Tracing a pattern from a simple garment

I’ve just finished teaching my students how to trace a pattern from an existing garment. It’s not as scary as it sounds. This post is the information I’ve given my students as well as teaching you at home how to copy.

I’m tracing off this garment, it’s long been a firm favourite. I used to wear a nursing tank top underneath and it was quite useful for breast feeding as well as making me look less slummy mummy even when I’ve just chucked it on. However far too many holes have appeared and it is on it’s last legs.

I want to trace the pattern to make a reproduction and I have some great fabric for the new one: a bamboo Lycra so it’s super soft and drapey.

Starting off

Before starting, iron the garment so that you don’t have creases distorting the fabric. The centre back and centre front of the majority of garments tend to be on the straight grain. With this in mind match the side seams together and pin.

On your paper draw a straight line followed by another at right angles. Pin the folded edge of your centre front/back to the line with the hem of the garment on the squared across line.

Now smooth the fabric across to the seam. Remember to think about if your hem is straight or curved. If you have stripes or an obvious grain this can help with lining it up. You won’t be able to smooth around the armhole or the shoulder at the moment. Pin garment to the paper to stabilise it.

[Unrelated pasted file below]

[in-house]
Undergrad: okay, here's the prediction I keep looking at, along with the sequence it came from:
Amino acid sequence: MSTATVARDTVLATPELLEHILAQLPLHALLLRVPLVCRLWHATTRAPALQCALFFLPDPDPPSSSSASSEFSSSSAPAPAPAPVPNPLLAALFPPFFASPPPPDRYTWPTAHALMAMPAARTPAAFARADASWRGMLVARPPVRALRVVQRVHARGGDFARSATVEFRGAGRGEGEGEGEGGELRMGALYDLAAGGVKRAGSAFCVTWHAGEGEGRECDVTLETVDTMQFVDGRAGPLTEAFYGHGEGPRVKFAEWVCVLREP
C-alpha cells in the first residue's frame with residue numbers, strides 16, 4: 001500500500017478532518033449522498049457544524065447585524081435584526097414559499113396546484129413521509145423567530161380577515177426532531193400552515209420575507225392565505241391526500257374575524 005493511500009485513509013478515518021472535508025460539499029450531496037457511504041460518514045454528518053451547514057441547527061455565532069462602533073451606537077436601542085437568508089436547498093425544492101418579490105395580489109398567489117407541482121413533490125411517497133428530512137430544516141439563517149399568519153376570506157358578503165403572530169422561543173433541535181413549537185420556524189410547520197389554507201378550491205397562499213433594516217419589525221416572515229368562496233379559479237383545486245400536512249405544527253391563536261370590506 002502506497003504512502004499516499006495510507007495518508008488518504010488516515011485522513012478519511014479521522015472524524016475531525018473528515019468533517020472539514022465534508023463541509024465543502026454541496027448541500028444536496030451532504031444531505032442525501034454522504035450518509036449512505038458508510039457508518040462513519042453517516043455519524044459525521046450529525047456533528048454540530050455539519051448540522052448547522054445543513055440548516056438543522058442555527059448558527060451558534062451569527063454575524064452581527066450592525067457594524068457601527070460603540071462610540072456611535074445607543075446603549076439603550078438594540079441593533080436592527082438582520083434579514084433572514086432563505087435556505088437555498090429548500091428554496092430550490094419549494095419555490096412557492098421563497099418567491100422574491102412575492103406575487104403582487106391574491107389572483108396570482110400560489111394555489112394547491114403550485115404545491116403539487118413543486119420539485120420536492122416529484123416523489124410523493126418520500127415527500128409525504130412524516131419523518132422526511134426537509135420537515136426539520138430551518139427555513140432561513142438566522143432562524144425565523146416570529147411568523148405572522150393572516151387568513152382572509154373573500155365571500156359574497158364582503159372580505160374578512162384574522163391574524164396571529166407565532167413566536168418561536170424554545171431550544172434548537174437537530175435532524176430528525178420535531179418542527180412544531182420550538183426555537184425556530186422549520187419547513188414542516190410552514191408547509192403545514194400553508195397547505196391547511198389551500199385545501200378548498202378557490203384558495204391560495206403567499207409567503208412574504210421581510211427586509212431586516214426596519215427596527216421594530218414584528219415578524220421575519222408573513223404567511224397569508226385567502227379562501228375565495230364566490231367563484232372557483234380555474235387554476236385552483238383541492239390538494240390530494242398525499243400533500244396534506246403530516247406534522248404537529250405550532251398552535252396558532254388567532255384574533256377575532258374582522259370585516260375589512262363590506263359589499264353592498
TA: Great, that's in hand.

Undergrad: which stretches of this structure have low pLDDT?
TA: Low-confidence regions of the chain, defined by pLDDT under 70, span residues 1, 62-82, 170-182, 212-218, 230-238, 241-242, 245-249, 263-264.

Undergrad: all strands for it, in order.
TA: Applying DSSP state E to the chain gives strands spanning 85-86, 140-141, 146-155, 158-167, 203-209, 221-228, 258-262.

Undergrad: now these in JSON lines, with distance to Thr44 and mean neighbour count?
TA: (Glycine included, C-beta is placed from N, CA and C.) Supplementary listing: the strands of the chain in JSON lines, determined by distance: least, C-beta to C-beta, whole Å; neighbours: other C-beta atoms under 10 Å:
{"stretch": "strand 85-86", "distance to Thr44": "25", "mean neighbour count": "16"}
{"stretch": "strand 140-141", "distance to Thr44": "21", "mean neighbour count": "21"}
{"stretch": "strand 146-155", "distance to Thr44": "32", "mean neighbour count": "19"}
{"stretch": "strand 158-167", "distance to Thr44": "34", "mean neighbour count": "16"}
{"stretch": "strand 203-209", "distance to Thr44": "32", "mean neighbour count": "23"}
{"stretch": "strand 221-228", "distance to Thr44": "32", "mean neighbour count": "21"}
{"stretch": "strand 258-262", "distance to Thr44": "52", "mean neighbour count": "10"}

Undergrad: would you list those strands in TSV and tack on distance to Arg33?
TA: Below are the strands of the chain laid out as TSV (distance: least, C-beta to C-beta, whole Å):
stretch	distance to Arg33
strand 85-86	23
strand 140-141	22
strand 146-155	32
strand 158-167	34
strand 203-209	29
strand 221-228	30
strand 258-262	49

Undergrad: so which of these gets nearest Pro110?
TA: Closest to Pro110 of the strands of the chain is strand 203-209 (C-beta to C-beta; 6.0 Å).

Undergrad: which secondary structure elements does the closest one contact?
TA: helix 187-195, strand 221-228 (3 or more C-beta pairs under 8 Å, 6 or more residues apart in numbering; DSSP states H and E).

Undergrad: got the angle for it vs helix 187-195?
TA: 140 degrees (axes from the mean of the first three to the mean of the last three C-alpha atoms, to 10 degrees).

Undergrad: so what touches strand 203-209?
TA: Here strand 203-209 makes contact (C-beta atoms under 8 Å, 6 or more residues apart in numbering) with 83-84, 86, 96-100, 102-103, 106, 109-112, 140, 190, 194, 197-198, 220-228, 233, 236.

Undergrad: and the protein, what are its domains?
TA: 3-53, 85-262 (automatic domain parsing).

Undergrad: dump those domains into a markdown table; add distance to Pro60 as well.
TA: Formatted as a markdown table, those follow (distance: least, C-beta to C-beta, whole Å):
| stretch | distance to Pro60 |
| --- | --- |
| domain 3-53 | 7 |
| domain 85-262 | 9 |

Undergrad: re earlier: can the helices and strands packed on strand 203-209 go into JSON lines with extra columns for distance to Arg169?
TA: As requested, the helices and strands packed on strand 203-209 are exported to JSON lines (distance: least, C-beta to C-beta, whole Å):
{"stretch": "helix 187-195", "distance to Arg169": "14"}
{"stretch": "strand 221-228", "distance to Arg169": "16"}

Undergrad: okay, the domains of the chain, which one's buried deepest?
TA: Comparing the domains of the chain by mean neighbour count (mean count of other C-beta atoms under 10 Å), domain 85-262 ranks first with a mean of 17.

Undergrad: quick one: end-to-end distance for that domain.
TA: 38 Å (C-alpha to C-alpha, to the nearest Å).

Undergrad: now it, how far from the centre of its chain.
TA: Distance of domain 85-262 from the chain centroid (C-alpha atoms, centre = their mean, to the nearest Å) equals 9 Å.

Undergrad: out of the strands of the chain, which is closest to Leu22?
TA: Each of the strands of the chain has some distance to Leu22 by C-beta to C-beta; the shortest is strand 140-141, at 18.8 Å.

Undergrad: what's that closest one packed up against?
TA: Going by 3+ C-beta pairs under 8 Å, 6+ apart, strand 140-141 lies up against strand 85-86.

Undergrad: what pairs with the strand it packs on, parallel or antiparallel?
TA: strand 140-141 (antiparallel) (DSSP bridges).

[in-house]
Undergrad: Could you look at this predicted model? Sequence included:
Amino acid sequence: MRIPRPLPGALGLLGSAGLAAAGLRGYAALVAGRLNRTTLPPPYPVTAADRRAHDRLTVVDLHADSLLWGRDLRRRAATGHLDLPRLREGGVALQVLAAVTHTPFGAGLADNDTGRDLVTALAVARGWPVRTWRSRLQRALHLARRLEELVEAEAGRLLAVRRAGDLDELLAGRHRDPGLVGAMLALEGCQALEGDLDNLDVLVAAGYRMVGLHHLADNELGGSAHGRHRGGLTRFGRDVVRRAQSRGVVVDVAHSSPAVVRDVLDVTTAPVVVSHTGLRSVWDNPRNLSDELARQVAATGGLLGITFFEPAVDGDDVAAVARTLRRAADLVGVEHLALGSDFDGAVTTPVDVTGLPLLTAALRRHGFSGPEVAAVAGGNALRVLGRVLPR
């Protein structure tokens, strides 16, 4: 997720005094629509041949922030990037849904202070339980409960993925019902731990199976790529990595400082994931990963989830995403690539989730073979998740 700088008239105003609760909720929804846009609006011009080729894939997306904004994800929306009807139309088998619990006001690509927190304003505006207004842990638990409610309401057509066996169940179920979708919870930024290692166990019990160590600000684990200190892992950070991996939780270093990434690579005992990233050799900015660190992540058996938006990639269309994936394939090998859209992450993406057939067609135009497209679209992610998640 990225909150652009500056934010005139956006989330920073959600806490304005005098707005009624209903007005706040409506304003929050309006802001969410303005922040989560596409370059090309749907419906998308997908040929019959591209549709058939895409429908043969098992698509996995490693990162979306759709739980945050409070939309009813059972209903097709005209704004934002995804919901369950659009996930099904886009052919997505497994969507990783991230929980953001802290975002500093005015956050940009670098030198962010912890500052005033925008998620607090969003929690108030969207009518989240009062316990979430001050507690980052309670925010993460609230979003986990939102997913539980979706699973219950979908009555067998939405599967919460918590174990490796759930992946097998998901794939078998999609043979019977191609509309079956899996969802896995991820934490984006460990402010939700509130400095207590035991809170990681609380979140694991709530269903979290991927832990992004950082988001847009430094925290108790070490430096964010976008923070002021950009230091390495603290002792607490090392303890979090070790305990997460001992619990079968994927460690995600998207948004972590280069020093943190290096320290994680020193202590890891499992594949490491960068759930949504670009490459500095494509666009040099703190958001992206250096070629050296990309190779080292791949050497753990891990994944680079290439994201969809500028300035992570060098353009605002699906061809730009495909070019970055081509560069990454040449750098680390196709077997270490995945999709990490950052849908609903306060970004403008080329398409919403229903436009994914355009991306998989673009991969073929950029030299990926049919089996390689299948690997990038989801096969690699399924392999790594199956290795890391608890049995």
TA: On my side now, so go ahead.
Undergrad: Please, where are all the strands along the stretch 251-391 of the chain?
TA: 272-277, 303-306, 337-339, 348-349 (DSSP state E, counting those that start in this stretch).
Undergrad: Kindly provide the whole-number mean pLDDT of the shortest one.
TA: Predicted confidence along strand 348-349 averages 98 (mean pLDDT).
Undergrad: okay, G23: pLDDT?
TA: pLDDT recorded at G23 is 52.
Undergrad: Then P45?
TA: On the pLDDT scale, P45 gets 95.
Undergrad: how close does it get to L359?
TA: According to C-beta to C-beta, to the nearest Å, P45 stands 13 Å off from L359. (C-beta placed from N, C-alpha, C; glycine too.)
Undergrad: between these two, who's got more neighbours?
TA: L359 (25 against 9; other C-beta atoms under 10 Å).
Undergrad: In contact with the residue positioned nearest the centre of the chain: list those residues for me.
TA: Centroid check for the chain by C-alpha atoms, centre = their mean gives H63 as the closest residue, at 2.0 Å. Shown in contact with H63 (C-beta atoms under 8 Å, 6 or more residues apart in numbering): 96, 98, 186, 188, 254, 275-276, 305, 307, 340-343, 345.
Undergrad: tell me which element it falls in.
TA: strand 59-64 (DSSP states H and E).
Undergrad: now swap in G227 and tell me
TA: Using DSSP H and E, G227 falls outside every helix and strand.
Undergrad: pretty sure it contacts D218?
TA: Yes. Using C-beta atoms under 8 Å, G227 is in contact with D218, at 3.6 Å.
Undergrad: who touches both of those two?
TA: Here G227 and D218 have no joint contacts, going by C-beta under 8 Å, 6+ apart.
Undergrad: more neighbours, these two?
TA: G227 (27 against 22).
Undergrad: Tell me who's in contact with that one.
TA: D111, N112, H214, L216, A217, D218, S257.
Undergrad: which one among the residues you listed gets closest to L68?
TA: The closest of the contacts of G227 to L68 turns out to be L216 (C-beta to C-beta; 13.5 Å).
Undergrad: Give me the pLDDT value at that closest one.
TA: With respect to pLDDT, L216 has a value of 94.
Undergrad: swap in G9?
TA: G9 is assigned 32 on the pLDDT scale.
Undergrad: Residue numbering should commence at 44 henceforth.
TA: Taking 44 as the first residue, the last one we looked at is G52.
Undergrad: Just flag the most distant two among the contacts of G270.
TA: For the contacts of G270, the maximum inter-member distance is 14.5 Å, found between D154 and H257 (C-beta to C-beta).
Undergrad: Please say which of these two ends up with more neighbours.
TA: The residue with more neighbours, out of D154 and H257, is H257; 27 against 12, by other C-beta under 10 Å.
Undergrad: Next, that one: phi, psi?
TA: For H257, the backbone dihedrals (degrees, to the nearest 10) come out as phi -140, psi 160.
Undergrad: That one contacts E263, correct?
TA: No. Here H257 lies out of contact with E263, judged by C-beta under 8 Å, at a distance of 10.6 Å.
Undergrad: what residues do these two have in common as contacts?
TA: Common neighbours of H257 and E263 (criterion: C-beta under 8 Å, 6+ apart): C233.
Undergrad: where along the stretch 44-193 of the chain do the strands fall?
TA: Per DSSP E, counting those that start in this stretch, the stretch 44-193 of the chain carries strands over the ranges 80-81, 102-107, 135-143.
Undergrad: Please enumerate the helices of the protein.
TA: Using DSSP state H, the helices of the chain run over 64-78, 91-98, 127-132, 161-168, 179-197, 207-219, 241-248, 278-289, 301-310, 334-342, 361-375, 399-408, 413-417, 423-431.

Draw in the hem and the seam using a pencil or tracing wheel (don’t use a tracing wheel if it’s liable to put puncture holes in the fabric).

Now release the lower edge of the garment with at least one pin under the arm still attached to the paper. You can smooth the upper half of the garment and continue to trace off the rest of the pattern piece. Lines might seem wobbly but that’s fine.

Double check

Unpin the garment from the paper. Check that each of your lines measure the same as the garment.

Eg. Here my shoulder seam measures 14cm so it should on my paper.

Measure across at points such as CB to armhole or CB to side seam at hem to check it’s same as garment.

Final marks

Once you’re happy with all your marks use a ruler/French curve/pattern master to tidy up lines.

If there’s changes you want to make to the pattern such as lowering the hem or changing the neckline this is the time to do it.

Finally measure seam and hem allowances to add onto edges of pattern pieces so that they are included ready for cutting out.


Sleeves are traced in the same way. Just note that a lot of sleeves (especially for woven fabrics) are slightly different on the front and back at the sleeve head so may have to be traced separately and then joined down the centre of the sleeve. Stretch garments tend to be same front and back. Check the sleeve head is the same measurement as the armhole.

What about darts?

If there’s darts on your garment, it does make it a little more tricky but you just need to trace up to the dart. Then measure the width of the dart seam allowance and the length of the dart. You can then draw the dart onto your paper and then manoeuvre the garment to be lined up and pinned on the other side of the dart. I hope that makes sense considering I don’t have a photo to accompany it.


Now I have my pattern ready for making my new garment. I’ve also measured around the neck to make a binding piece and a tie facing.

Hopefully I’ll get a chance to make it soon.

Thanks for reading

Rosie xx

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